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Queen’s research shedding new light on blood clots

Blood clot research from 2007 by Queen’s experts generates new interest from COVID-19 pandemic

Queen’s researcher and professor Maha Othman (Biomedical and Molecular Science) has been fascinated by blood since she realized it is involved in almost every human disease, regardless of the body organ or system. She trained in clinical pathology with a specialization in hematology and hemostasis — bleeding and clotting disorders. She now uses this knowledge to improve diagnosis and management of rare bleeding disorders and better assess the risk of pregnancy and cancer-associated blood clots.

Dr. Maha Othman
Research by Dr. Maha Othman (Biomedical and Molecular Science) from 2007 is back in the spotlight.

Dr. Othman’s research going as far back as 15 years ago is once again being debated and discussed in major publications such as Nature, as reports of blood clots associated with certain COVID-19 vaccines began occurring. Vaccine-induced immune thrombotic thrombocytopenia (VITT) — a blood clot following a vaccine — is a very rare side effect that happens in a subset of population following AstraZeneca and Johnson and Johnson’s Janssen COVID-19 vaccination.

“I must emphasize that the incidence of VITT is extremely low and the risk of death and serious outcomes of COVID-19, including thrombosis, far outweigh the risk of VITT,” says Dr. Othman. “Public education and transparency are key. The pandemic is still evolving and research findings are updated daily so we need to be both patient and open to new theories.”

The main question that researchers are asking is what triggers VITT and why it has been diagnosed follow AstraZeneca and Janssen vaccinations but not the other vaccines. AstraZeneca and Janssen vaccines use adenovirus as the vehicle to deliver DNA code for viral protein, which triggers the immune system to create the protective antibodies against COVID-19. This is different from vaccines like Moderna and Pfizer which deliver mRNA for that protein directly rather than via the adenovirus vehicle.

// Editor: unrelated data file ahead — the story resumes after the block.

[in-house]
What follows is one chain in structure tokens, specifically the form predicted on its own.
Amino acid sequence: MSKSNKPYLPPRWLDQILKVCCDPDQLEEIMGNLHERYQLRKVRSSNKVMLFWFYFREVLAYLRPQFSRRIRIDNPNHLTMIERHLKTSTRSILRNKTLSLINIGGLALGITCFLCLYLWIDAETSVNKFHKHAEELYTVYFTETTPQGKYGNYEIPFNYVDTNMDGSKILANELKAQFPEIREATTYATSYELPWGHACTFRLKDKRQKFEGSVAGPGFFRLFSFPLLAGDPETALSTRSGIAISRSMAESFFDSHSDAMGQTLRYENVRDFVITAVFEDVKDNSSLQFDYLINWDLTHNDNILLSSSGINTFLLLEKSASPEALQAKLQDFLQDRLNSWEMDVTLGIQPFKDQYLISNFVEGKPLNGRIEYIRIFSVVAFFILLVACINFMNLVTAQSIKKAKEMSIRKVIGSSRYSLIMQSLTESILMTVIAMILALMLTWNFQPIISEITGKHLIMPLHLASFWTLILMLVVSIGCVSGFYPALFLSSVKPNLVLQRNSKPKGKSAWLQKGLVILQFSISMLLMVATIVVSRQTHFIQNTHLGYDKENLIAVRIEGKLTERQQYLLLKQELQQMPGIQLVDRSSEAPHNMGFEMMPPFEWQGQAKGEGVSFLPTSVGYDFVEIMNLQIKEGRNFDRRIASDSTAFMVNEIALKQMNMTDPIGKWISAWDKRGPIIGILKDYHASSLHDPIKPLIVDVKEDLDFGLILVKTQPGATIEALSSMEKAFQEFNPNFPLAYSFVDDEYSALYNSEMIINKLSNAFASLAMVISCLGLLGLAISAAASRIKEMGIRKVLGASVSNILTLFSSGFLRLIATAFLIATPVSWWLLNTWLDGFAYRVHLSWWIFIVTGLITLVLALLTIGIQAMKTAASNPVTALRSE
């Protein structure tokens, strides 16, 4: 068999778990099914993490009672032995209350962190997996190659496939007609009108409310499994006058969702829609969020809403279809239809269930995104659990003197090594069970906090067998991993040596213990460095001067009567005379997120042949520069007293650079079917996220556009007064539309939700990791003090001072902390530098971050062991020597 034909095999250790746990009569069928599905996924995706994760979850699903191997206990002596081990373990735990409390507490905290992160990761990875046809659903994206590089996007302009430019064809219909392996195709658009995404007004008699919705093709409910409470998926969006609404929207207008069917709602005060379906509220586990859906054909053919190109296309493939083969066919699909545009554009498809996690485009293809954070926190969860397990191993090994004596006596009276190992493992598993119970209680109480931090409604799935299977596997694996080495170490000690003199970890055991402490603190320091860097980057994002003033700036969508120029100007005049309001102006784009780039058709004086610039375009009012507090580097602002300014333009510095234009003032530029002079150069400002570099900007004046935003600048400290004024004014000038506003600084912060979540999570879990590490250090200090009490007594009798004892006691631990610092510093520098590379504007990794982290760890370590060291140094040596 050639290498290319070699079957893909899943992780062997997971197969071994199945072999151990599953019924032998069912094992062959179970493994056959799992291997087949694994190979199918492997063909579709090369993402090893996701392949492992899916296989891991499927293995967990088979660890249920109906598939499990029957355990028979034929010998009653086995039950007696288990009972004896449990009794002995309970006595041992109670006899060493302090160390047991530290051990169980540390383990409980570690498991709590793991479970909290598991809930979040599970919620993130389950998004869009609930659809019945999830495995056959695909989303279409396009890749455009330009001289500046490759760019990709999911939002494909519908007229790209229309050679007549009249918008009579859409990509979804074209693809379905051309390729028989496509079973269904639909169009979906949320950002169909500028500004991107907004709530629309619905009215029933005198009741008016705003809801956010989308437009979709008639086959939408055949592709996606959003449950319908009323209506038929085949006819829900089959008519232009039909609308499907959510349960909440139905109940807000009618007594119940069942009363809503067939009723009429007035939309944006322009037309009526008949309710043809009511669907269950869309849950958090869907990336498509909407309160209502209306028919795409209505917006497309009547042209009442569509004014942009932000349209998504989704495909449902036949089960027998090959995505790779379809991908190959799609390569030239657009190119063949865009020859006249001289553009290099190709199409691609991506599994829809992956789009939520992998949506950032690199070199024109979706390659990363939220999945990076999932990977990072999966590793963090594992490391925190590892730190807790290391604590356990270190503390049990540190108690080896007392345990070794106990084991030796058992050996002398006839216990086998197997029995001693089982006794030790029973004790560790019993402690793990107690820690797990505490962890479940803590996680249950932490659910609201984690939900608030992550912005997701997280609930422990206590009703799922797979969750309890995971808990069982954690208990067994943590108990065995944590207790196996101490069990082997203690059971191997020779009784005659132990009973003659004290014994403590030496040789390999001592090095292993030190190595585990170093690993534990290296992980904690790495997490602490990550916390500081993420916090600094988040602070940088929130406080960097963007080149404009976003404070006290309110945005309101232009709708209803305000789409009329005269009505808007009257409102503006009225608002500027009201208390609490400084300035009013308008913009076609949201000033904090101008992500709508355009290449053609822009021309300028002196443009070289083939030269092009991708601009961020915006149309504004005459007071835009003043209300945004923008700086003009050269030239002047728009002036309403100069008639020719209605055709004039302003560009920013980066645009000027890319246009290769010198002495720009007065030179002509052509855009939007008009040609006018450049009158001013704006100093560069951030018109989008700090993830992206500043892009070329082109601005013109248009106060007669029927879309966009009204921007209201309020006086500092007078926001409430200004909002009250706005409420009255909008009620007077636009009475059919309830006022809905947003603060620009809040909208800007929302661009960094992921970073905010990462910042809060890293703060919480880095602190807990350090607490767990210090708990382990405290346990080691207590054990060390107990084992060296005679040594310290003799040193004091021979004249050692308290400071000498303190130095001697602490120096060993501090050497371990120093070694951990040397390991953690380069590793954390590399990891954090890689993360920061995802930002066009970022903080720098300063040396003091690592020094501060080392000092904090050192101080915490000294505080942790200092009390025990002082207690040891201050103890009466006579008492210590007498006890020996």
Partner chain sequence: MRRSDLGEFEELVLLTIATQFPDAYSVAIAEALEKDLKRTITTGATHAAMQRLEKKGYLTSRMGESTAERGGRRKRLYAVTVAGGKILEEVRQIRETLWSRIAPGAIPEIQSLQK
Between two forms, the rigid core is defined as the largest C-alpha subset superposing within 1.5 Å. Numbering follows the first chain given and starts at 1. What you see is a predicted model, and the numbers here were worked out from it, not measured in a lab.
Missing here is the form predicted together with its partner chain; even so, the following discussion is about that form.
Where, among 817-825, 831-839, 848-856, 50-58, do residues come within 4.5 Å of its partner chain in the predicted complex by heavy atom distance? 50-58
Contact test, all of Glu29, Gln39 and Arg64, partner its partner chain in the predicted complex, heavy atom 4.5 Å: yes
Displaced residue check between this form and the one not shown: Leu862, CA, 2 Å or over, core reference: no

A decade and a half ago, Dr. Othman was a postdoctoral researcher in the lab of David Lillicrap, a Queen’s professor and Canada Research Chair in Molecular Hemostasis. Dr. Othman spent three years examining the direct interaction and effects of adenovirus with blood platelets and coagulation. She found that adenovirus could stimulate and overwork the platelets so they couldn’t regenerate fast enough, causing thrombocytopenia — a low level of platelets. However, the stimulated platelets could also activate the clotting system, which could then increase a person’s risk for blood clots.

“We knew 15 years ago that adenovirus vectors in the blood can stimulate platelets, trigger blood clotting and causes thrombocytopenia — but even to me, I didn’t connect the dots, until VITT was reported with two, not one, COVID-19 vaccines with adenoviral technology,” says Dr. Othman.

Her paper from over a decade ago has been cited in nearly all of the papers coming out about VITT. In less than two months this past spring over 30 articles were published on VITT.

Dr. Othman thinks adenovirus must play a role, at least partially, into why VITT shows up after AstraZeneca and Janssen vaccinations but not the other vaccines.

She recently collaborated with an expert international group of hematologists, laboratory scientists, virologists and vaccinologists, including Dr. Lillicrap and led a new paper in the Journal of Thrombosis and Haemostasis. It looks at VITT and discusses seven potential reasons behind the condition.

“The good news is we now know how to diagnose and how to treat the condition. By the end of this year, we are likely to establish a pathogenic model that helps us better understand and even prevent VITT,” says Dr. Othman. “I still believe the benefits of vaccination outweigh the risks of having side effects of vaccines, and I encourage people to get their vaccination if not already done so to protect themselves and their communities.”